played sequentially, with the count return- cates the code 00000001 when the digit, the digits current segment status is
ing to zero (Digit 1) after the final digit (or <ENTER> key (ASCII 13) is pressed. The checked against the segment requirement
on pressing <ENTER> as described PIC has been programed to recognise this bit for the new character. If any segments
earlier). An example PC screen display is combination as the command to reset the match, they are ignored by the output rou-
shown in Fig.15. digit number count to Digit 1, in a similar tine, so saving one pulse duration which
way to that in which it responds when the can be a significant saving when many
PC CONTROL DATA D key on the 4 4 data keypad is pressed. digits are in use.
OPTIONS You could, for example, allocate specif-
Because of the greater variety of seg- ic codes for the PCs forwards/backwards SCHMITT PULSING
ment codes that can be generated via the cursor keys. The PIC could then be told to This now brings us to a software/hard-
PC than with the keypad, there is the step the digit count value backwards or ware aspect that has not been used before
option to program the PC software with forwards without causing the display data in an EPE project analogue control of
any segment combination required. to change. Then, on pressing another key, frequency via a digital input.
The data is held in a look-up table its character would be displayed at the new You are no doubt familiar with the type
which can be added to by readers who digit address. of circuit in which a single Schmitt trigger
have QBasic or QuickBASIC resident on Such a facility would be of help in a dis- inverter is used with a resistor and capaci-
their PC. The data is held as in the format play having many digits and where only tor in order to generate a frequency (an RC
extract example shown in Listing 3, in the one or two might need to be changed at any oscillator). The technique used in Big Digit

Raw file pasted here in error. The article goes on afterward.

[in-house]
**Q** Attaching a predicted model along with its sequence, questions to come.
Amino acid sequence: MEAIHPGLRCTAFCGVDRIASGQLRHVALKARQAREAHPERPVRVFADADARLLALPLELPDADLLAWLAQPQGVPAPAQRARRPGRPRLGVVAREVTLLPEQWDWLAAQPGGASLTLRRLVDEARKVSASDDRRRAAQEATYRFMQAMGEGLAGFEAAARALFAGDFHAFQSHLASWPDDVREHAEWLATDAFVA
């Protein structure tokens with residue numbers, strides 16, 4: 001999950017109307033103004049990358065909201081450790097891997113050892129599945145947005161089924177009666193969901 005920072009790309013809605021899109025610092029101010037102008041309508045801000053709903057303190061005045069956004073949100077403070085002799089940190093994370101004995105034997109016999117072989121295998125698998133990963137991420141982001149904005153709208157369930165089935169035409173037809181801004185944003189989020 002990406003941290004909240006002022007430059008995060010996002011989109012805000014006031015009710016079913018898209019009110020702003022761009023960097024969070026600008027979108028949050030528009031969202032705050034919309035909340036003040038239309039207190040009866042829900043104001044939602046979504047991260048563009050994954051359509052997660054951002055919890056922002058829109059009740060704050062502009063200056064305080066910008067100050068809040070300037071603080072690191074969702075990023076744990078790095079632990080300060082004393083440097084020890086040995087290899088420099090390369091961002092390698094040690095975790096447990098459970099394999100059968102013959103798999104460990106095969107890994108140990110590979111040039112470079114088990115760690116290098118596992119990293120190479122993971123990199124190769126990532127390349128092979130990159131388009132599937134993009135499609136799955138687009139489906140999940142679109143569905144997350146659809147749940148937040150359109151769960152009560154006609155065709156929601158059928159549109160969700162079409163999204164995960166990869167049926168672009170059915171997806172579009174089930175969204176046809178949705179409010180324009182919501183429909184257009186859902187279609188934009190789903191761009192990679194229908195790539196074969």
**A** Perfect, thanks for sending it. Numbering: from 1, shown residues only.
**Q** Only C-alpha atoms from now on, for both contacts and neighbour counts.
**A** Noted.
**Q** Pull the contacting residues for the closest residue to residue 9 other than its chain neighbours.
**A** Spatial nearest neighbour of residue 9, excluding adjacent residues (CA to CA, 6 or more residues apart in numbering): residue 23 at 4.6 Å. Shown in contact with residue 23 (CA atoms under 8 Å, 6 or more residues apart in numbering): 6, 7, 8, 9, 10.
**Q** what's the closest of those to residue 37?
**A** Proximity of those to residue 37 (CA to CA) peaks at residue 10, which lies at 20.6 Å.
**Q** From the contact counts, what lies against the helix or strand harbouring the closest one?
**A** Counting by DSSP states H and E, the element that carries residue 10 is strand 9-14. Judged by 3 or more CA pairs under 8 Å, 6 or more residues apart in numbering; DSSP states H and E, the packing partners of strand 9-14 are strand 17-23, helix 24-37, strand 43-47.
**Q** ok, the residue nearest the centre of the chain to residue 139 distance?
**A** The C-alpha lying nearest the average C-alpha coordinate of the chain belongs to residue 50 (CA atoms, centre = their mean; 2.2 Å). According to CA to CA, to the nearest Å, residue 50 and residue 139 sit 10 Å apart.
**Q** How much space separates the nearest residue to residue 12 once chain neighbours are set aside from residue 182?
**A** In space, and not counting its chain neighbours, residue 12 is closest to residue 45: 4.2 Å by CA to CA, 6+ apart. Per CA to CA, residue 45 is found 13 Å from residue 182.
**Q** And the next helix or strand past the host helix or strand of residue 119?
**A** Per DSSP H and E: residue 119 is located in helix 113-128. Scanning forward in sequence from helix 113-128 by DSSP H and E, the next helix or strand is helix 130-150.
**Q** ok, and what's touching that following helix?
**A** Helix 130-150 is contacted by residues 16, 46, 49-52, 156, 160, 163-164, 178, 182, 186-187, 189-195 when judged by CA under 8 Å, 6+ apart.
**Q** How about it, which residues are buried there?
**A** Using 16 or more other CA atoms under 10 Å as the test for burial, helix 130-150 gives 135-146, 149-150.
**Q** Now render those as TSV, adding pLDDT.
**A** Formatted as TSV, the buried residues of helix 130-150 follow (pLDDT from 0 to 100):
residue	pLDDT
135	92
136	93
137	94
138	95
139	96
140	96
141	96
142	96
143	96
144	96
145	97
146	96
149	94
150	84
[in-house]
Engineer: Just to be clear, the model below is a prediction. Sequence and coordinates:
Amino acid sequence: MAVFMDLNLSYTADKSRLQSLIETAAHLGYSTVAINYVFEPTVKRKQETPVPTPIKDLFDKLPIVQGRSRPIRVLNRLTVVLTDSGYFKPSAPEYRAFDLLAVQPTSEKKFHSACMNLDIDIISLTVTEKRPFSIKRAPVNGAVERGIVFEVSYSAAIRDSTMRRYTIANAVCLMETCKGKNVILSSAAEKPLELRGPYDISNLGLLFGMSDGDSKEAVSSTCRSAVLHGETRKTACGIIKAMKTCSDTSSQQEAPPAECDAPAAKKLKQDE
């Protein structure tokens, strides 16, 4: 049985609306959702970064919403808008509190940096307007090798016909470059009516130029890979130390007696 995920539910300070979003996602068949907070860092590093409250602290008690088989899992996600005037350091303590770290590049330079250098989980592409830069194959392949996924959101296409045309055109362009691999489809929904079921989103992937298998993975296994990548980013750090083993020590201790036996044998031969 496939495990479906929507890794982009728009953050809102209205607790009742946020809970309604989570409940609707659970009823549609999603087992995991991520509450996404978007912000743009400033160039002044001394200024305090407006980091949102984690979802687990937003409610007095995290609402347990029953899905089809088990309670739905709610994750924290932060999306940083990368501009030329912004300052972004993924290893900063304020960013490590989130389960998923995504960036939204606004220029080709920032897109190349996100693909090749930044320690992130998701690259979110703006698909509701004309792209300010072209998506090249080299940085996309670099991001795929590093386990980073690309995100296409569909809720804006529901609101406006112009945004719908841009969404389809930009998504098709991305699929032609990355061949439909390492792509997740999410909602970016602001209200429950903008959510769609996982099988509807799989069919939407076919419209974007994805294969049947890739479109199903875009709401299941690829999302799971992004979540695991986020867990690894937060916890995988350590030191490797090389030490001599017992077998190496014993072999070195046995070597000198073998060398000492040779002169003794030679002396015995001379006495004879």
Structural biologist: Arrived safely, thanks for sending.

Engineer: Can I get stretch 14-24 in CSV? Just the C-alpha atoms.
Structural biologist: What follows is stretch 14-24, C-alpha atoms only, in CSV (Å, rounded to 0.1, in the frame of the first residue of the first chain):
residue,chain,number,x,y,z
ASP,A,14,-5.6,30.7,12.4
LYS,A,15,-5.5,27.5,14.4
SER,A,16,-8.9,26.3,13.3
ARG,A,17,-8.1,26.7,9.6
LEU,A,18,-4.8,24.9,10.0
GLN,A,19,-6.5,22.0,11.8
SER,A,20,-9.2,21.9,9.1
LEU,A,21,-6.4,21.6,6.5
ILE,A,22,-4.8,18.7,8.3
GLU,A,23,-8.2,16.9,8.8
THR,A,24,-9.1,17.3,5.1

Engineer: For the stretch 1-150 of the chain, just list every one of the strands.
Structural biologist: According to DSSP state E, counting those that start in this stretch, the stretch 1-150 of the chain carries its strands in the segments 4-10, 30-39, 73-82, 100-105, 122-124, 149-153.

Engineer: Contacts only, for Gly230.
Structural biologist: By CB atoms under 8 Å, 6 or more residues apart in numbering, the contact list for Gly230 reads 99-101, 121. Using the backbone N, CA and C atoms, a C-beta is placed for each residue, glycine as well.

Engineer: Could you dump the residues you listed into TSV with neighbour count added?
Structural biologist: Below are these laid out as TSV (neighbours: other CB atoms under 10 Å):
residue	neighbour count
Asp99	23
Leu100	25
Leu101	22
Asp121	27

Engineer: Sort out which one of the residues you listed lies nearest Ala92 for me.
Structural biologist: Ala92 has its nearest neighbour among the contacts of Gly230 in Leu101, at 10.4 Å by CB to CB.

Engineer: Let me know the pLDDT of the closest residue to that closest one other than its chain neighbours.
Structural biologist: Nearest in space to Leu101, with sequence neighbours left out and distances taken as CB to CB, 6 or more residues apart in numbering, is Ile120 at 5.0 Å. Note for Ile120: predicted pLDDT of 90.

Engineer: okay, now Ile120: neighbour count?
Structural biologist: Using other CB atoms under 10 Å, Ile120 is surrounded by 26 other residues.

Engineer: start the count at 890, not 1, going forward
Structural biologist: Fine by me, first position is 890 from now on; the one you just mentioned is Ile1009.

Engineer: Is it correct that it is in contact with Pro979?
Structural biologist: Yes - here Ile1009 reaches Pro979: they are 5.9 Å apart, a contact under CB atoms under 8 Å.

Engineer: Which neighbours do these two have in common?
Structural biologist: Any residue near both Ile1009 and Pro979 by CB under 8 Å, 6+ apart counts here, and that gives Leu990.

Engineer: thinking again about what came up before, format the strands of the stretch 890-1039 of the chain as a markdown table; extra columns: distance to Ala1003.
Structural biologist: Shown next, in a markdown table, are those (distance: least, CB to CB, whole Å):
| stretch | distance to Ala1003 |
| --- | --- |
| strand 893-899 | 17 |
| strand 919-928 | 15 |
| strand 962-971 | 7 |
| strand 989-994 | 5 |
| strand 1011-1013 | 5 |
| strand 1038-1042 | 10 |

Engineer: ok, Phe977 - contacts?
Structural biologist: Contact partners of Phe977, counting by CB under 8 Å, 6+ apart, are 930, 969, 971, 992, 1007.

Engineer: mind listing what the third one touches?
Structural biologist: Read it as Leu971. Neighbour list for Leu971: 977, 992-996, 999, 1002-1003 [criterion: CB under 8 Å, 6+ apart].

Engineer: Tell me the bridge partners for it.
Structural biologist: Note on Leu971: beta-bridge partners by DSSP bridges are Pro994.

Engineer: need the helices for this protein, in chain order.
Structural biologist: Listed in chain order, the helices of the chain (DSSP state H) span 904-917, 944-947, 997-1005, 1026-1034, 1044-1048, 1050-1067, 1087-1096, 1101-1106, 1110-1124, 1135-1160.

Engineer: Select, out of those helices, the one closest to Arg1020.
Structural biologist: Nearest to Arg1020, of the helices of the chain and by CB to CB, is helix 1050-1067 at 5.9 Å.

bit order of segments ABCDEFG (the time. This would remove the need to key in is similar.
opposite order used by the PIC softwares data for all digits in the full display when The PIC16F84 has a Schmitt trigger
table). only a few might need changing. input, pin RA4. Referring to Fig.7, the

332 Everyday Practical Electronics, May 2002


resistance is provided by preset VR1, and To such experi- LISTING 4 Send pulse to segment control
the capacitance by C5. Initially software enced programmers,
sets RA4 as an output set for logic 0. This the changes required PULSEIT:
discharges C5. RA4 is then set as an input, should be obvious, movlw %00010000 ; number of cycles required
allowing current to charge up C5 via VR1. but the author cannot movwf PULSECNT
When the Schmitt threshold is reached, offer advice on it. Nor PULSE2:
the software responds to this as an input can advice be offered btfss PORTA,4 ; has bit 4 gone high (cap charged
change from logic 0 to logic 1. It immedi- on a breadboard lay- up enough)?
ately sets RA4 as an output at logic 0 out for any additional goto PULSE2 ; no, repeat check
again, discharging C5, and then resets RA4 chips added. bcf PORTA,4 ; yes, set bit 4 low to discharge cap
as an input once more, and so the cycle can Note that it will be again
continue for as long as the software necessary to change PAGE1
requires it. regulator IC9 to a bcf TRISA,4 ; set bit 4 as output
In this design, 16 waveform cycles are standard 7805 +5V PAGE0
used, which allows a lower value capacitor 1A type if additional nop ; brief wait discharge capacitor
to be used than with a single cycle. It also copies of IC2/IC3 are PAGE1
increases the capacitors discharge rate and added (each extra bsf TRISA,4 ; set bit 4 as input
reduces current flow when RA4 is briefly chip adds about PAGE0
set low. Listing 1 shows the full pulse delay 20mA to the power decfsz PULSECNT,F ; repeat for set delay loop time
generation routine. drawn from the +5V goto PULSE2
The frequency of oscillation can be line see earlier). return
changed by varying VR1 or by using a QB programmers
different value for C5. will recognise that the multiplexing circuit provides a reasonable method of controlling
could be controlled directly from the PCs the digits, whether just one is used, or many